Article

Nature 463, 1042-1047 (25 February 2010) | doi:10.1038/nature08752; Received 10 June 2009; Accepted 14 December 2009; Published online 21 December 2009

Reprogramming towards pluripotency requires AID-dependent DNA demethylationnear-final version

Nidhi Bhutani1,3, Jennifer J. Brady1,3, Mara Damian1,2, Alessandra Sacco1, Stéphane Y. Corbel1 & Helen M. Blau1

  1. Baxter Laboratory for Stem Cell Biology, Institute for Stem Cell Biology and Regenerative Medicine, Department of Microbiology and Immunology, Stanford University School of Medicine, Stanford, California 94305-5175, USA
  2. Department of Biology, Stanford University, Stanford, California 94305-5175, USA
  3. These authors contributed equally to this work.

Correspondence to: Helen M. Blau1 Correspondence and requests for materials should be addressed to H.B. (Email: hblau@stanford.edu).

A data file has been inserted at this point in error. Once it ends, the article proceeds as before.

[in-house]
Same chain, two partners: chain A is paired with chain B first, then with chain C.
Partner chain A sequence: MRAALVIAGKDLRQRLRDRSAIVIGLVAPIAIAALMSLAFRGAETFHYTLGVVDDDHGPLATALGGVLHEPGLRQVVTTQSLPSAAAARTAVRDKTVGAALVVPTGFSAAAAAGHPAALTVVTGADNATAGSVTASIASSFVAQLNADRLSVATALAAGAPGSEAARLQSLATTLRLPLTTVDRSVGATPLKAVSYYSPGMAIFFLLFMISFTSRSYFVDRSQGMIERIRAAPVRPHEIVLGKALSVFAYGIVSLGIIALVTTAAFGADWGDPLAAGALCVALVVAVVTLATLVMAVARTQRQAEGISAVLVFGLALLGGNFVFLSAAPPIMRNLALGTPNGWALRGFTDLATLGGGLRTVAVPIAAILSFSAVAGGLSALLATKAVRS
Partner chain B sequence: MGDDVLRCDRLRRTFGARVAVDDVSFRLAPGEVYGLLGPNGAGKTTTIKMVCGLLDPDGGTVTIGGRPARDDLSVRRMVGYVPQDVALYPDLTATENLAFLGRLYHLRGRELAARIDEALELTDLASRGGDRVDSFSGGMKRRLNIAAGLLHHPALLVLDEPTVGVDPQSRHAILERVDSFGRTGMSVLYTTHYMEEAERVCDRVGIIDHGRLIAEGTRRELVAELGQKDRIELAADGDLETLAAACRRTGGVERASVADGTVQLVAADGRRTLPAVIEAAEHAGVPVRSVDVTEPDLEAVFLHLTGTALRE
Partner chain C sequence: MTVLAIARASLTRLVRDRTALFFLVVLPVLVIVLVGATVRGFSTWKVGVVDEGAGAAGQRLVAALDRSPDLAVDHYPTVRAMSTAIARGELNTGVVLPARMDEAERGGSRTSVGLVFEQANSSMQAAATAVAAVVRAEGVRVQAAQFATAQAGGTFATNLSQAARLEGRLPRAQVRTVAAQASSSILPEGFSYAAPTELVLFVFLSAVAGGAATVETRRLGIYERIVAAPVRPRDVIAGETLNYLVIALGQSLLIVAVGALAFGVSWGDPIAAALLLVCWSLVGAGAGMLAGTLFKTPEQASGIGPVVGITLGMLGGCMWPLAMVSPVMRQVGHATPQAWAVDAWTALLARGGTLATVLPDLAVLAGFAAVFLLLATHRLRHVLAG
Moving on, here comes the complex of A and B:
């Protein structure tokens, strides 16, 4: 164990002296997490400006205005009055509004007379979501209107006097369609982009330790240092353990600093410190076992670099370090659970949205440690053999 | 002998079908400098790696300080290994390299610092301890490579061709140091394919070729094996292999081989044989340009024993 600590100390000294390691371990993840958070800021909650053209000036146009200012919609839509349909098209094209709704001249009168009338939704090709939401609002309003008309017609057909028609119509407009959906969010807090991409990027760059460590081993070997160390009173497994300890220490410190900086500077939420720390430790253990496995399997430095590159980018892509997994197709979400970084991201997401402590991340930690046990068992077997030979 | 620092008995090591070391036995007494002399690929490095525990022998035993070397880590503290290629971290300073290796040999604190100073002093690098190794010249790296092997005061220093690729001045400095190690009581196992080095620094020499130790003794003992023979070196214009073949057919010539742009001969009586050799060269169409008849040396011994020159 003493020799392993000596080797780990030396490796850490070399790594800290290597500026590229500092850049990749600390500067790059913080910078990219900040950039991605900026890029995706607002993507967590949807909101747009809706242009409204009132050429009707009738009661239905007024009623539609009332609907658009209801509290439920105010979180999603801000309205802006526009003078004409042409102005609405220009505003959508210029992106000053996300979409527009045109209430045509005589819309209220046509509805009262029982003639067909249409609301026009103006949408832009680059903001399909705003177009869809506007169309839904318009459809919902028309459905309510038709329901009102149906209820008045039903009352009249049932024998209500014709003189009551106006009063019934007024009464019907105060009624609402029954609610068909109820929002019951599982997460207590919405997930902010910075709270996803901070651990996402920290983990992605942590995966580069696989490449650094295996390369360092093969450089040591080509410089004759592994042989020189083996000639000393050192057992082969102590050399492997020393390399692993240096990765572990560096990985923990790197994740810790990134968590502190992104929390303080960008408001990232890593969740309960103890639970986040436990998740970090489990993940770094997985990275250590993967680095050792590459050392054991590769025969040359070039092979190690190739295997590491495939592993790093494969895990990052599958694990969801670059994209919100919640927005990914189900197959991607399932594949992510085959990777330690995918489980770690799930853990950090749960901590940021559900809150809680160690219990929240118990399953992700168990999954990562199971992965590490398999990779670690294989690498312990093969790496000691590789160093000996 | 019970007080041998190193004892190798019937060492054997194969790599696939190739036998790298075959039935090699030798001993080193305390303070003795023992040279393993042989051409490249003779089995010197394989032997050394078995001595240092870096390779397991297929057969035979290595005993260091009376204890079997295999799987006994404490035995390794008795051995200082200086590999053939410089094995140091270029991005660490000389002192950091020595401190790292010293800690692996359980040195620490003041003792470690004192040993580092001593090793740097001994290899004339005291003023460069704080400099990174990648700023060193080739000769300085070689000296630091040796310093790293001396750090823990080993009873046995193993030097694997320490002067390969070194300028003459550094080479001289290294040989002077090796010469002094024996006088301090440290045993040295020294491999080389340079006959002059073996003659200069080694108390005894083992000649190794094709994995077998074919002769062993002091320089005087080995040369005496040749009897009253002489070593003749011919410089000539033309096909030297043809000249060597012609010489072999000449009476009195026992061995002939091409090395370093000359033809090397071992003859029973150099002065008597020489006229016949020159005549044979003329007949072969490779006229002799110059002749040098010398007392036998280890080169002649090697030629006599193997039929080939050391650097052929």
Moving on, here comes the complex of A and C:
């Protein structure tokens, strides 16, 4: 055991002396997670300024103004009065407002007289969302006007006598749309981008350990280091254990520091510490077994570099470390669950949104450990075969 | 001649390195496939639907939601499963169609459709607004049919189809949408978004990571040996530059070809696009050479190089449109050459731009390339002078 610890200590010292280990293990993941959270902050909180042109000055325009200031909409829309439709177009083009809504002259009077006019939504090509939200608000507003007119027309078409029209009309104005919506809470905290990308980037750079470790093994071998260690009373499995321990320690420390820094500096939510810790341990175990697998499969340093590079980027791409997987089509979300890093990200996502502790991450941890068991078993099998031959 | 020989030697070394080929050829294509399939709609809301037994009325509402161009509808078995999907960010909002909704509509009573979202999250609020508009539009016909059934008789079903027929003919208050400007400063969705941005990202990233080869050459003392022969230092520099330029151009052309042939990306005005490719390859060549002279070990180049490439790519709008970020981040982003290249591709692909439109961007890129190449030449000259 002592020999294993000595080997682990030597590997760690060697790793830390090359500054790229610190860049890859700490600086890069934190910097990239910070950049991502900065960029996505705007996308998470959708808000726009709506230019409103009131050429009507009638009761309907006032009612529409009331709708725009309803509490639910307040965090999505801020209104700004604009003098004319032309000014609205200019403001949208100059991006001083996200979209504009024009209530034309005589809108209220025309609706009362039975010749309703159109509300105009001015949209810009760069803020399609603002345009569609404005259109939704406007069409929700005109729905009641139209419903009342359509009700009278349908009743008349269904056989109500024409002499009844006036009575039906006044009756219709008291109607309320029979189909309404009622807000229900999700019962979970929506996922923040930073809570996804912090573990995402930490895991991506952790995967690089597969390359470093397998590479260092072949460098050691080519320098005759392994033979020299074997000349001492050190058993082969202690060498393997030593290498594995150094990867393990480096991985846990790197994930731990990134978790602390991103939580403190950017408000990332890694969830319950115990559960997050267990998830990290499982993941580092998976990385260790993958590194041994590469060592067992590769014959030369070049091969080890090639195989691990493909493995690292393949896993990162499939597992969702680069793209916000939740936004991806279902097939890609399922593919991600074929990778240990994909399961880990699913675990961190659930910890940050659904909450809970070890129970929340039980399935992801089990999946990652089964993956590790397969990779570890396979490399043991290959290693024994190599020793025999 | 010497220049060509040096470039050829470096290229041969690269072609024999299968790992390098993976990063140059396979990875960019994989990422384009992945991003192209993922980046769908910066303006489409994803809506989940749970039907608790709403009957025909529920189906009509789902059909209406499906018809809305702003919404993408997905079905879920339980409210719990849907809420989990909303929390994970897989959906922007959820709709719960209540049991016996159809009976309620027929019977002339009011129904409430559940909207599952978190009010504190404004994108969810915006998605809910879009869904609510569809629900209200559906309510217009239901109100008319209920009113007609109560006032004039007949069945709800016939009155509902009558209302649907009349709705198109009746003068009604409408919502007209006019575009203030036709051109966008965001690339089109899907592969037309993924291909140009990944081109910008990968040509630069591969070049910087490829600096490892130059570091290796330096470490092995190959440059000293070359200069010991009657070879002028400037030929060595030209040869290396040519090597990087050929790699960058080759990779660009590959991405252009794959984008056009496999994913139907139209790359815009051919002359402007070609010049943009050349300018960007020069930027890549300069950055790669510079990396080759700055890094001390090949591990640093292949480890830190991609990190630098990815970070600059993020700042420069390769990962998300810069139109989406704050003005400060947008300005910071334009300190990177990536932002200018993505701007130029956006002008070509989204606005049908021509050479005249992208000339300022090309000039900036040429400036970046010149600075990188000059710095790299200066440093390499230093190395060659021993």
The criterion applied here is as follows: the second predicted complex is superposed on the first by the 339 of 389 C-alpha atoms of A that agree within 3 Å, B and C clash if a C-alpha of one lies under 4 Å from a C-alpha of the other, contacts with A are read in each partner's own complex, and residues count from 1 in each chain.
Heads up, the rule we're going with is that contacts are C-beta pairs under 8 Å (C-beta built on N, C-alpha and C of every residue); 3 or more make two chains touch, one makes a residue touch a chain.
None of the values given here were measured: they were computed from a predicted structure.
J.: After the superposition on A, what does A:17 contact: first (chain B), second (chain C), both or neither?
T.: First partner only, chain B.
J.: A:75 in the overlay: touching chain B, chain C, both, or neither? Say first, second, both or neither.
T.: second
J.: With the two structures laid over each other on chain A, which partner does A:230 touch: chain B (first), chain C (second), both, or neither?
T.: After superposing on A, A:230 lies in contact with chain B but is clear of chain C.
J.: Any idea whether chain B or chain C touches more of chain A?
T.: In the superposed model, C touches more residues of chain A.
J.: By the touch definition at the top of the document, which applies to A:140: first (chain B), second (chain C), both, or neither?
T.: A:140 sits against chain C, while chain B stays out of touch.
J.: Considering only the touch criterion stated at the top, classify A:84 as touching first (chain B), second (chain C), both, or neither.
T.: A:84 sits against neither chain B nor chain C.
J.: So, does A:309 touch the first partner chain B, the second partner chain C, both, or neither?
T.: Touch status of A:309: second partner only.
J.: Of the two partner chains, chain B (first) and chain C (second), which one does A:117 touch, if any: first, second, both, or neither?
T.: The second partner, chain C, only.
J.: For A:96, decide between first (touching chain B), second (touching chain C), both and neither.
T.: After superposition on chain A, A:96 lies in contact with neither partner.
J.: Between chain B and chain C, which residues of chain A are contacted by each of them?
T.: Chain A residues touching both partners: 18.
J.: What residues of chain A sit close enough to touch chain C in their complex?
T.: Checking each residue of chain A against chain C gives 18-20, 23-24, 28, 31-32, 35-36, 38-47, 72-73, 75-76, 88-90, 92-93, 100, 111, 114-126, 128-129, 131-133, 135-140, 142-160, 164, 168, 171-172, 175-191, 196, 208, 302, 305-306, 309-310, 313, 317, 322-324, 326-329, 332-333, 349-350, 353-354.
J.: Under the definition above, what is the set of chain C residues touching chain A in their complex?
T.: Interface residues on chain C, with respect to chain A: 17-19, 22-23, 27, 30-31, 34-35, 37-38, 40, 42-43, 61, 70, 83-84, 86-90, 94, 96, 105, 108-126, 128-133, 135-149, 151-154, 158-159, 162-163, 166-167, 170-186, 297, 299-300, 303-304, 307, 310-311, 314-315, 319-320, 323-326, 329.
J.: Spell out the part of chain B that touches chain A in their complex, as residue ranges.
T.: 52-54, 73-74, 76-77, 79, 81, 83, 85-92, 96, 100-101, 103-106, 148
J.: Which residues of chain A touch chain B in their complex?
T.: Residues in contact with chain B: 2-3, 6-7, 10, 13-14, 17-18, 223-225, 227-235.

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Reprogramming of somatic cell nuclei to yield induced pluripotent stem (iPS) cells makes possible derivation of patient-specific stem cells for regenerative medicine. However, iPS cell generation is asynchronous and slow (2–3weeks), the frequency is low (<0.1%), and DNA demethylation constitutes a bottleneck. To determine regulatory mechanisms involved in reprogramming, we generated interspecies heterokaryons (fused mouse embryonic stem (ES) cells and human fibroblasts) that induce reprogramming synchronously, frequently and fast. Here we show that reprogramming towards pluripotency in single heterokaryons is initiated without cell division or DNA replication, rapidly (1day) and efficiently (70%). Short interfering RNA (siRNA)-mediated knockdown showed that activation-induced cytidine deaminase (AID, also known as AICDA) is required for promoter demethylation and induction of OCT4 (also known as POU5F1) and NANOG gene expression. AID protein bound silent methylated OCT4 and NANOG promoters in fibroblasts, but not active demethylated promoters in ES cells. These data provide new evidence that mammalian AID is required for active DNA demethylation and initiation of nuclear reprogramming towards pluripotency in human somatic cells.

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